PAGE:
Overall, though, I enjoyed the story and the world that was created and would recommend it if you’re into our own creations turning against us (or are they? duh duh duuuuuh).

Come back on Thursday for the start of Writing Around Life. See you then!

Review: The Duchess Quest by C.K. Brooke

Good morning, Squiders! Today I’m hosting a review tour for the revised edition of The Duchess Quest by C.K. Brooke. It’s the first book in the Jordinia fantasy series.

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YA Romantic Fantasy 

 

Date Published:
First Edition: October 2014
Second Edition: TBR 2017
Publisher: 48fourteen
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ALL-NEW REVISED 2017 SECOND EDITION
Love is destined to find her…

Dainy doesn’t know that she is the lost duchess of Jordinia, or that her uncle has organized a contest to seek her, offering her marriage hand as the reward!

Though at odds, three clashing rivals – a noble giant, a forester, and a thief – voyage together by woodland, plains, and sea to recover the lost royal, notwithstanding assassins and spies at their tail. Soon, Dainy is swept into a comically complex romantic triangle as her suitors compete to capture her heart.

Charmingly romantic and bursting with action, startling twists, and vivid characters, fans of Anastasia and The Princess Bride will adore this original yet timeless tale of swashbuckling adventure and unlikely love.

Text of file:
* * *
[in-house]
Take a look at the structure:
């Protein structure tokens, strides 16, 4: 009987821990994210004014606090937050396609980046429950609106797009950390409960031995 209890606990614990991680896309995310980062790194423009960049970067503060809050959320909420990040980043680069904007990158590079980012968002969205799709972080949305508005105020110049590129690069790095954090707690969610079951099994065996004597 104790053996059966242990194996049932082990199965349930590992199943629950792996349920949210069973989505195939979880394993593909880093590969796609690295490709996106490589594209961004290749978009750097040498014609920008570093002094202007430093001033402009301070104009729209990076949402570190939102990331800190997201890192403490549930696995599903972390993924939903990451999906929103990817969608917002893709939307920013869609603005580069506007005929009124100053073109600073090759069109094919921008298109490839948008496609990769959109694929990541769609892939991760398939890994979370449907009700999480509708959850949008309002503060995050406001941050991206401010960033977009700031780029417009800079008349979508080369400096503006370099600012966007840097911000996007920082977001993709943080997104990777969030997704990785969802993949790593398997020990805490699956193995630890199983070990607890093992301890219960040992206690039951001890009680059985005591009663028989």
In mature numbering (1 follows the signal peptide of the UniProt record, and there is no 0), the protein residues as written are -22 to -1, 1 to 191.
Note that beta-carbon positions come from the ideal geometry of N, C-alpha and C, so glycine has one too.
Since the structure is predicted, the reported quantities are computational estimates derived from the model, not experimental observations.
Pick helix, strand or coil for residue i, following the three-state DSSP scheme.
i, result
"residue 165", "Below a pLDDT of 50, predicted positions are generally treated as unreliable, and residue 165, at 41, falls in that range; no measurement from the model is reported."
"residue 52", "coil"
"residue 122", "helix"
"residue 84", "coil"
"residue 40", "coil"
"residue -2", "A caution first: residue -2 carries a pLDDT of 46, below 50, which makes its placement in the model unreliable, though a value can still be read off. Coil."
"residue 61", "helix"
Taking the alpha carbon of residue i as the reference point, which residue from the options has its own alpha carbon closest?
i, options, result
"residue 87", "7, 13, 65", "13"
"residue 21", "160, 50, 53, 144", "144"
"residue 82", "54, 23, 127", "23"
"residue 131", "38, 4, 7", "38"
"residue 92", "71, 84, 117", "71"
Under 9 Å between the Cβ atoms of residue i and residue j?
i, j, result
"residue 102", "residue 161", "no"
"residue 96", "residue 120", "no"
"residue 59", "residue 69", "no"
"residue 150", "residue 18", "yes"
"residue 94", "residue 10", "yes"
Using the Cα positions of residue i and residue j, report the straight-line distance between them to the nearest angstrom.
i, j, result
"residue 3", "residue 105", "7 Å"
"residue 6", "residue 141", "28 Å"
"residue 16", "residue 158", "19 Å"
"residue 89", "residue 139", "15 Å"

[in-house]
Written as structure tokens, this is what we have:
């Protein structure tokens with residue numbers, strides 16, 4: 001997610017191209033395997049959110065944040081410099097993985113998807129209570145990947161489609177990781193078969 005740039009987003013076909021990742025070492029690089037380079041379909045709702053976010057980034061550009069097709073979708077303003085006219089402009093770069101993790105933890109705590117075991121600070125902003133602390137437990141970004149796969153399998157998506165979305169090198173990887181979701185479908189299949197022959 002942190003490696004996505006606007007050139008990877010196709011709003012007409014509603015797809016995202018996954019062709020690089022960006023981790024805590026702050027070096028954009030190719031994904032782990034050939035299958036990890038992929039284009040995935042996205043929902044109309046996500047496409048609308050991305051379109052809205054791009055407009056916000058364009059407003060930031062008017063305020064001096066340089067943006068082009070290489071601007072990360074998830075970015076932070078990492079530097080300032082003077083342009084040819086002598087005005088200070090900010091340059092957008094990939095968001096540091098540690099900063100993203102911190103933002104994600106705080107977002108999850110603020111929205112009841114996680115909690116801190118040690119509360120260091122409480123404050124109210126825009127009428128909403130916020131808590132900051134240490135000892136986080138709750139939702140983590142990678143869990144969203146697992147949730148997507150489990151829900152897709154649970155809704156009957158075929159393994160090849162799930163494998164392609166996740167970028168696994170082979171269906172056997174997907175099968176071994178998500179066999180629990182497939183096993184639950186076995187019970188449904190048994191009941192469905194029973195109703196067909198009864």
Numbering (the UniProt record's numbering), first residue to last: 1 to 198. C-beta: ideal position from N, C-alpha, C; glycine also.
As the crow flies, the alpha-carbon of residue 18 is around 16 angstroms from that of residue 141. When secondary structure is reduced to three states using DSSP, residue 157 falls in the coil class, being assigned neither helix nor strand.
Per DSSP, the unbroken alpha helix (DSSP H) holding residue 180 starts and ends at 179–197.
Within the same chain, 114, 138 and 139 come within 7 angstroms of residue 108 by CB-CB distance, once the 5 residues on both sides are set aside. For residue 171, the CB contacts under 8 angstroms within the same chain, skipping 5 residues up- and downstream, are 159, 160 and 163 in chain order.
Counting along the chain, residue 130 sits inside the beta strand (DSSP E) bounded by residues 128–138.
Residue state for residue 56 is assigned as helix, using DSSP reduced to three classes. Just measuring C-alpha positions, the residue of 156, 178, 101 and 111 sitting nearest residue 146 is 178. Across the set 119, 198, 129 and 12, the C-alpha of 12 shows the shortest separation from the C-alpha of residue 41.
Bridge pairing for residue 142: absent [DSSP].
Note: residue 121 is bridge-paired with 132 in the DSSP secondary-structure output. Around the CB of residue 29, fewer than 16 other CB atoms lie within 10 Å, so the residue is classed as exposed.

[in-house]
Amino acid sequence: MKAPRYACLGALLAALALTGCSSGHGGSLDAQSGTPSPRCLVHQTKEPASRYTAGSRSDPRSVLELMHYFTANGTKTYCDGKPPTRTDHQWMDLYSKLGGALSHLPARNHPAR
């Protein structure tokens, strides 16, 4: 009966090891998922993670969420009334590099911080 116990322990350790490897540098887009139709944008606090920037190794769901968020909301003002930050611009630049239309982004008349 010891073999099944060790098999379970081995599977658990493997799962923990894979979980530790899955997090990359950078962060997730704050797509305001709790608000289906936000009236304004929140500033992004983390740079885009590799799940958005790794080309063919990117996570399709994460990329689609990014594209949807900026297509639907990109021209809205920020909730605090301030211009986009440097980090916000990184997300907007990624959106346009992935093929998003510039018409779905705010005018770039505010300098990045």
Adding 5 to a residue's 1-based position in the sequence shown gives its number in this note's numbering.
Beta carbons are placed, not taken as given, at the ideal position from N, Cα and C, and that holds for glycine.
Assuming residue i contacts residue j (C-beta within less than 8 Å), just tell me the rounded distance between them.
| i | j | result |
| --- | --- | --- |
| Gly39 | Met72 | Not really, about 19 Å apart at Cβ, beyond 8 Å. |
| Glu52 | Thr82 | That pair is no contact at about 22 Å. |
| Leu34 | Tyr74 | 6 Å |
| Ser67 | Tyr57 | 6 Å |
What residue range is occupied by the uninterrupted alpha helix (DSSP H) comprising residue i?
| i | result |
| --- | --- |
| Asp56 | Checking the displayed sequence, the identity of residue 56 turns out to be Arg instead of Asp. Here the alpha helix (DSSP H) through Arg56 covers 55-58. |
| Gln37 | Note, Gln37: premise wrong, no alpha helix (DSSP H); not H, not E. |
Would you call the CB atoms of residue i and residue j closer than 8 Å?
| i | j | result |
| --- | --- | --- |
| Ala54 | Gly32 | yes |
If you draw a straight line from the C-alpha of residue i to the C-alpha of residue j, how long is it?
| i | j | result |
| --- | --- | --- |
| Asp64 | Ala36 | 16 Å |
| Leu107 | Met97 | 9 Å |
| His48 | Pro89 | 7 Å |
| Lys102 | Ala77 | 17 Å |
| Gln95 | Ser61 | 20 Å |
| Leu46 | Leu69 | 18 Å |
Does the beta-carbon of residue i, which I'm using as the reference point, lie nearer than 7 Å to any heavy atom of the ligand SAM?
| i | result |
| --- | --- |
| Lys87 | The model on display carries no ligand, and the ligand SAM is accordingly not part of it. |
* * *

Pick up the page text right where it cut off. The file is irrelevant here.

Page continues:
A SHELF UNBOUND TOP 100 NOTABLE INDIE BOOK OF 2015
 

5 STARS FROM READERS’ FAVORITE BOOK REVIEWS & AWARDS CONTEST

Review

I really should stop reading these books like an editor, but it’s really hard. When I’m in editor mode is when I’m at my analytical, which is useful for helping clients make their books better, but less helpful when I should be reading for enjoyment.

Anyway, I’m giving this 3.25 out of 5. It fails a bit as a romance. It’s supposed to be set up as a love triangle (as mentioned above in the blurb) but it doesn’t function as one, since one side of the triangle is obviously never a real option. Dainy never gives him more than a second thought, so the story is lacking the tension that the supposed triangle would set up. Additionally, while the love interest is of the “rogue turned straight for love” archetype, he’s a little too despicable for the first half of the book, which made it hard to root for the romance because I was still hoping Dainy would come to her senses far longer than was intended, I’m sure.

The fantasy aspects work fine, and the different countries/locations read as believable. Many of the side characters are strong. I was especially fond of Selu and Bos. The book has a ton of viewpoint characters, some of which kill the tension in places (such as one point near the end in a betrayer’s viewpoint before the actual betrayal), but in general works well. Some of the plot twists are a bit predictable, but not distractingly so. (Also, the ones that you can predict distract from some other, more unexpected ones, so that’s well done.)

If you like romantic fantasy and are apparently more forgiving than I am about reformed rogues, you might like this book. There’s also a preview of the next book in the series at the end, which looks like it picks up pretty much from where this one ends.